Disappointingly, nowhere is he less forthright than in his explanation of his affairs (plural). Of course, he recalls his life with Shriver in detail – meeting her at a tennis match in 1977, admiring her career as a journalist as a “true declaration of independence,” and gaining her support for his gubernatorial run only after Eunice Kennedy Shriver stepped in and told Shriver to “snap out of it.” But while Schwarzenegger professes his love for her repeatedly – “I could go on for hours about what draws me to Maria but still never fully explain the magic,” and “I was luckier than I deserved to have such a wife” – he fails to back it up with an honest explanation of his affair with his housekeeper Mildred Baena, with whom he fathered a child.

He spills perhaps the least ink on this, rather weak, explanation:

“It was one of those stupid things that I promised myself never to do. My whole life I never had anything going with anyone who worked for me. This happened in 1996 when Maria and the kids were away on holiday and I was in town finishing ‘Batman and Robin.’ Mildred had been working in our household for five years, and all of [a] sudden we were alone in the guest house. When Mildred gave birth the following August, she named the baby Joseph and listed her husband as the father. That is what I wanted to believe and what I did believe for years.”

We’re not sure we believe that – many reports, including one from the Daily Beast entitled “Is Arnold Schwarzenegger Still Lying,” have surfaced questioning the timing of Arnold’s version of events.

But more to the point, that measly paragraph is a colossal cop-out for a book that’s marketed itself as a “tell-all” memoir. It’s a “PG-account that suffers from a startling lack of self-reflection,” writes the LA Times, adding, “for all the salacious behavior that has been attributed to and admitted by Schwarzenegger over the years, he portrays himself as a reasonable, earnest kind of guy who has merely made a few high-spirited mistakes, none of which he cares to discuss here.”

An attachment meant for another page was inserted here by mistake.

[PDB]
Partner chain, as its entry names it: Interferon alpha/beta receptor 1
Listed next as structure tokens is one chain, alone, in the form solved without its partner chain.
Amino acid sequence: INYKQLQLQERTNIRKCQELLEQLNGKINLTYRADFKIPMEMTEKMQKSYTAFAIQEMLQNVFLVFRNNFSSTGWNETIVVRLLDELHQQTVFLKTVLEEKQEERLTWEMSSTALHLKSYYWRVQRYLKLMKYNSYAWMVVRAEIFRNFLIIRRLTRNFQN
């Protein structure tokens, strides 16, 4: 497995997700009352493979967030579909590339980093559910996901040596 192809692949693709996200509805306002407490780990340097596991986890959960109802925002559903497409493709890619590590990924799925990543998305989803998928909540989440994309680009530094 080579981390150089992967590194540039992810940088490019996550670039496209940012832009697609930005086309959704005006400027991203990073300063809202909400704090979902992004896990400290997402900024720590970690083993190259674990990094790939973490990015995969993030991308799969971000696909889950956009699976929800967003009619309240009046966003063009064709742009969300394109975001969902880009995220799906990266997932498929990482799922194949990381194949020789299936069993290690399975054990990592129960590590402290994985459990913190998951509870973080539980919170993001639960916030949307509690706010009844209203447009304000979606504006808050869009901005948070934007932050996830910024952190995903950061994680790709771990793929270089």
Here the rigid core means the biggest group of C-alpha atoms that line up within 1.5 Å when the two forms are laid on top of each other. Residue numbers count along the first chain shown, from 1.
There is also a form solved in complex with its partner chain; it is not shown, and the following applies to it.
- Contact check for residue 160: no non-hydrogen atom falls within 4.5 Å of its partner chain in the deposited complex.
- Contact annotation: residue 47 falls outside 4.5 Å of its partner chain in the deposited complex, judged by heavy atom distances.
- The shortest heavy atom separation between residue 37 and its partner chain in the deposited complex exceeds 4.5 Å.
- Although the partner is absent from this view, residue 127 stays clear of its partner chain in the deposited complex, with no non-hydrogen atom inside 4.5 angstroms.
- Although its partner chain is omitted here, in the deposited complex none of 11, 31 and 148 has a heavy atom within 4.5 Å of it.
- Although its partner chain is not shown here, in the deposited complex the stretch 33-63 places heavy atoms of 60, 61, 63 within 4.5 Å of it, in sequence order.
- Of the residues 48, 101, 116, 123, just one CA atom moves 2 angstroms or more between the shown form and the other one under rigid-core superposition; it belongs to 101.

Oddly enough, one might argue the reviews painted a clearer picture of the Austrian bodybuilder-turned Hollywood star-turned politician than the 646-page memoir itself.

Concludes the LA Times in its review of “Total Recall,” “Either way, it evolves into a portrait of a man who defines himself almost entirely by the goals he has reached, no matter the cost to those around him.”

Husna Haq is a Monitor correspondent.

You've read  of  free articles. Subscribe to continue.

Dear Reader,

About a year ago, I happened upon this statement about the Monitor in the Harvard Business Review – under the charming heading of “do things that don’t interest you”:

“Many things that end up” being meaningful, writes social scientist Joseph Grenny, “have come from conference workshops, articles, or online videos that began as a chore and ended with an insight. My work in Kenya, for example, was heavily influenced by a Christian Science Monitor article I had forced myself to read 10 years earlier. Sometimes, we call things ‘boring’ simply because they lie outside the box we are currently in.”

If you were to come up with a punchline to a joke about the Monitor, that would probably be it. We’re seen as being global, fair, insightful, and perhaps a bit too earnest. We’re the bran muffin of journalism.

But you know what? We change lives. And I’m going to argue that we change lives precisely because we force open that too-small box that most human beings think they live in.

The Monitor is a peculiar little publication that’s hard for the world to figure out. We’re run by a church, but we’re not only for church members and we’re not about converting people. We’re known as being fair even as the world becomes as polarized as at any time since the newspaper’s founding in 1908.

We have a mission beyond circulation, we want to bridge divides. We’re about kicking down the door of thought everywhere and saying, “You are bigger and more capable than you realize. And we can prove it.”

If you’re looking for bran muffin journalism, you can subscribe to the Monitor for $15. You’ll get the Monitor Weekly magazine, the Monitor Daily email, and unlimited access to CSMonitor.com.